Large amount of water evaporates each day from the surface of the sea. This is the principal source of atmospheric moisture. Cool moisture laden air, gets collected around particles like dust, salt content from the sea, smoke etc., and forms clouds. Sometimes, mixing of warmer and cooler air also produces clouds. A visible mass of condensed water vapour floating in the air above the ground level is called a cloud. The three layers of atmosphere such as troposphere, stratosphere and mesosphere are specific locations of clouds.
According to their height, clouds are classified into the following types
· High clouds (6-20km Height)
· Middle clouds (2.5km-6km Height)
· Low clouds (ground surface to 25 km height)
These major types of clouds are further divided into different types on the basis of shape and structure.
Cirrus:Detachedcloudsintheformof white delicate fibrous silky filaments formed at the high sky (8000 meters to 12000 meters) are called Cirrus clouds. These clouds are dry and do not give rainfall.
Cirro-cumulus: White patched, sheet or layer like clouds composed of ice crystals.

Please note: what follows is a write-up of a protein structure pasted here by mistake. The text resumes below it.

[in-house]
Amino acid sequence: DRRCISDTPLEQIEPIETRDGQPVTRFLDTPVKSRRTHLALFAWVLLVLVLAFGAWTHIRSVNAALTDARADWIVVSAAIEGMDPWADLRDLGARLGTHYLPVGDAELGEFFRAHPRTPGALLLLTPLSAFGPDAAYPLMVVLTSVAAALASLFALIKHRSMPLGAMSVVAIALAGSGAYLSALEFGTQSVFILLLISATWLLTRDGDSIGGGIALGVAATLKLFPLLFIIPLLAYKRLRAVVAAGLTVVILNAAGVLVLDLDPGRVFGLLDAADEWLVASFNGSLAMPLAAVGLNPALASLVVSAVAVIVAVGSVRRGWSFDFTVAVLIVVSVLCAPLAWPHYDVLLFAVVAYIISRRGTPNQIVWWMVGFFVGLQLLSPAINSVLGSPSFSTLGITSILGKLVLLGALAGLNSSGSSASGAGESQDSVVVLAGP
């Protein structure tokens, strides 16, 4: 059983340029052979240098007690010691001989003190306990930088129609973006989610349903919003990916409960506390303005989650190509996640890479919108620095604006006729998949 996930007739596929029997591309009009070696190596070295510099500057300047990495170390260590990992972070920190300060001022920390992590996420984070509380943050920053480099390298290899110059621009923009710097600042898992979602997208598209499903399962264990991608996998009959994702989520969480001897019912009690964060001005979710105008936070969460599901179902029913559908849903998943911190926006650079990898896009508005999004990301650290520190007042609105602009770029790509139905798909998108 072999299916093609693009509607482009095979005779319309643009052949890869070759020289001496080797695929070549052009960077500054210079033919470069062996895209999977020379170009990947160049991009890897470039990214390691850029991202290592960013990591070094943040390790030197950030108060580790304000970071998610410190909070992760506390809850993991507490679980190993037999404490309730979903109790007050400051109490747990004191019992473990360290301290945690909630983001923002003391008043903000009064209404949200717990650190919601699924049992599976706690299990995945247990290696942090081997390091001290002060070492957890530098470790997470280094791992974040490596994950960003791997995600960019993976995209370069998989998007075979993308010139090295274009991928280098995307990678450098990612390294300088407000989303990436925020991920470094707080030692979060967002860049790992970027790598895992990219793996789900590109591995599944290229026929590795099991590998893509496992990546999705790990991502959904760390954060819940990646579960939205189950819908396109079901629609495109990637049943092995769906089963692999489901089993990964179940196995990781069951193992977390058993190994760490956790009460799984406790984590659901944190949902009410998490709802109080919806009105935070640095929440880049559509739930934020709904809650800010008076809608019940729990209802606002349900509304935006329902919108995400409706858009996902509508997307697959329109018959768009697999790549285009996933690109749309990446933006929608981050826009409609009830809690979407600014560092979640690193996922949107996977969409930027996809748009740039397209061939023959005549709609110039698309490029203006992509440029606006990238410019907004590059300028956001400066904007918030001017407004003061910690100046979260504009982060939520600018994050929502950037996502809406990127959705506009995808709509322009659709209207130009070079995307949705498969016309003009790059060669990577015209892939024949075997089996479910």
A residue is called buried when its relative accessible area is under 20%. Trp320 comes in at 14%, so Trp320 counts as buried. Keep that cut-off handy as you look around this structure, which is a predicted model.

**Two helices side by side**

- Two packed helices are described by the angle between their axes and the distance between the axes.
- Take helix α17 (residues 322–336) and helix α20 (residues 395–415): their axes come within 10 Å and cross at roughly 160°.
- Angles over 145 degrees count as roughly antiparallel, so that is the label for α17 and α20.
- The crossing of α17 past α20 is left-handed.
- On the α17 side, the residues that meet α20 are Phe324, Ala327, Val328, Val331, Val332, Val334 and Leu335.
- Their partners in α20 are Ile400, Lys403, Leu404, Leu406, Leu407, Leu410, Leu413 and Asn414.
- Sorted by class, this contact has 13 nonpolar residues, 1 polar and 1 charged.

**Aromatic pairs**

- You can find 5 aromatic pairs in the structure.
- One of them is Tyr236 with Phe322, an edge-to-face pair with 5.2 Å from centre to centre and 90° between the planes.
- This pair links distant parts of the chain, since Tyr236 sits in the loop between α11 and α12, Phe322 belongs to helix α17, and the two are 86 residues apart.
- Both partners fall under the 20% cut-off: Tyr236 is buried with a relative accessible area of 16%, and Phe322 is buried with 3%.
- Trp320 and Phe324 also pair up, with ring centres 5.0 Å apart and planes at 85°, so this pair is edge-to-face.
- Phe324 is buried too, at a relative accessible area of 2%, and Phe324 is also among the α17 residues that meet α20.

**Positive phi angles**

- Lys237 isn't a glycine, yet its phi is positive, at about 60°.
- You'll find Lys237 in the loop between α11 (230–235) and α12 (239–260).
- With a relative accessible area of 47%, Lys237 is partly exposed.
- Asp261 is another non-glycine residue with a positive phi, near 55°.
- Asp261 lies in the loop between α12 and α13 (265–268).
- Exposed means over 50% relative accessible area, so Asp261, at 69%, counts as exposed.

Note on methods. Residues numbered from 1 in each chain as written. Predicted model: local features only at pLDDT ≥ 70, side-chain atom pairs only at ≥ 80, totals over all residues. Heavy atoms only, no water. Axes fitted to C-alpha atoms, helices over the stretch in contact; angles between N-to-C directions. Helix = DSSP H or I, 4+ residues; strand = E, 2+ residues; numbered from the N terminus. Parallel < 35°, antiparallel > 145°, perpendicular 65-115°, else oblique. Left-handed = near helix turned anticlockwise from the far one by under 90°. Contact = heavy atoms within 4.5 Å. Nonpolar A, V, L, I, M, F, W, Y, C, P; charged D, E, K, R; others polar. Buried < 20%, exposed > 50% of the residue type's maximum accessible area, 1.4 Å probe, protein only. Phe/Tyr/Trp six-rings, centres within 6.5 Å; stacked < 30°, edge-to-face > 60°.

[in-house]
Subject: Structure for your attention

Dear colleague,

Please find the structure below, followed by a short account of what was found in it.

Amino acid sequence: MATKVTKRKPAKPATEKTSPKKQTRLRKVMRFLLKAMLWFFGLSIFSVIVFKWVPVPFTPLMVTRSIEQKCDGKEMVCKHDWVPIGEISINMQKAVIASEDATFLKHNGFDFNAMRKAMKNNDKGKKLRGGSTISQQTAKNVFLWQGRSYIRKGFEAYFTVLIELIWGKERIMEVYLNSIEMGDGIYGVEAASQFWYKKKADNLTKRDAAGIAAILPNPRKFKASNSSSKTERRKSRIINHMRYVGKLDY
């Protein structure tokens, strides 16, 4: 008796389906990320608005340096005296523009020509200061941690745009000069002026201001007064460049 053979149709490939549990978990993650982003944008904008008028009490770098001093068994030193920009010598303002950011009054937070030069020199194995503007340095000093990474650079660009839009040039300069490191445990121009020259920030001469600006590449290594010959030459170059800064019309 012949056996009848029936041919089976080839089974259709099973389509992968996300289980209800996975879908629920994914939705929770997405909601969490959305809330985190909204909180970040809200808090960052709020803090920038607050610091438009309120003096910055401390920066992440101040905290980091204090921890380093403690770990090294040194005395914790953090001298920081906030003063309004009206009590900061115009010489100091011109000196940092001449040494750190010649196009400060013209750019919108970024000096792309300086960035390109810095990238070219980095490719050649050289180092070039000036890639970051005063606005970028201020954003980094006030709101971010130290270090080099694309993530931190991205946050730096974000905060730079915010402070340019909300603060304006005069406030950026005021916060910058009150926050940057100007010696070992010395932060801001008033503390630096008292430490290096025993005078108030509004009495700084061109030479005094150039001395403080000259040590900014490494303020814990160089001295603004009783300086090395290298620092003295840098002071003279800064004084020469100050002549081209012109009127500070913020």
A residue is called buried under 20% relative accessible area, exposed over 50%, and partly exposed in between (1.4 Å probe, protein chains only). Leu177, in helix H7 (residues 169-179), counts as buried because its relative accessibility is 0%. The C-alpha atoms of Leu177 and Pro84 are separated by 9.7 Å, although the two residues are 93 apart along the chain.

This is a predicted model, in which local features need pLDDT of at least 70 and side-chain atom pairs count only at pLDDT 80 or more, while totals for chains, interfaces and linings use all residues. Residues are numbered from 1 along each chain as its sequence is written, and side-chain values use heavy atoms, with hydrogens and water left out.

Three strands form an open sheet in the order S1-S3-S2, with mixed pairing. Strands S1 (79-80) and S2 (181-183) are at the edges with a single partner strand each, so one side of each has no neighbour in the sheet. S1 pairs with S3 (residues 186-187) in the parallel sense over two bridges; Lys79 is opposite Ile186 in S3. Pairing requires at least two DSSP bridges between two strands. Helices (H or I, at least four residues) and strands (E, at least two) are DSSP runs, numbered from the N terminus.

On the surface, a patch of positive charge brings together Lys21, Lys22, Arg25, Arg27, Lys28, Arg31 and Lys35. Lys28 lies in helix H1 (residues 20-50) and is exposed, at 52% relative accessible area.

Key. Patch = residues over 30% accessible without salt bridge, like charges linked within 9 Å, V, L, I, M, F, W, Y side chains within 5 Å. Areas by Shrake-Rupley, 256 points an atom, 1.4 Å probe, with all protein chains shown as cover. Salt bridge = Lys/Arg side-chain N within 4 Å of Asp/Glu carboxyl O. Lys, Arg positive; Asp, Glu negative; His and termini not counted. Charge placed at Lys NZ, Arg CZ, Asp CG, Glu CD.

Cirro-stratus: Smooth milky transparent whitish clouds composed of tiny ice crystals.
Alto -stratus: Thin sheets of grey or blue coloured clouds in uniform appearance. consisting of frozen water droplets
Alto-cumulus: clouds fitted closely together in parallel bands, called as 'Sheep clouds' or wool pack clouds.
Nimbo stratus: These are clouds of dark colour very close to the ground surface associated with rain, snow or sleet.
Strato-cumulus:-Greyorwhitishlayer of non-fibrous low clouds found in rounded patches at an height of 2500 to 3000 metres, associated with fair or clear weather
Stratus:- Dense, low lying fog-like clouds associated with rain or snow
Cumulus:- Dome-shaped with a flat base often resembling a cauliflower, associated with fair weather
Cumulo- nimbus:- Fluffy thick towering thunderstorm cloud capable of producing heavy rain, snow, hailstorm or tornadoes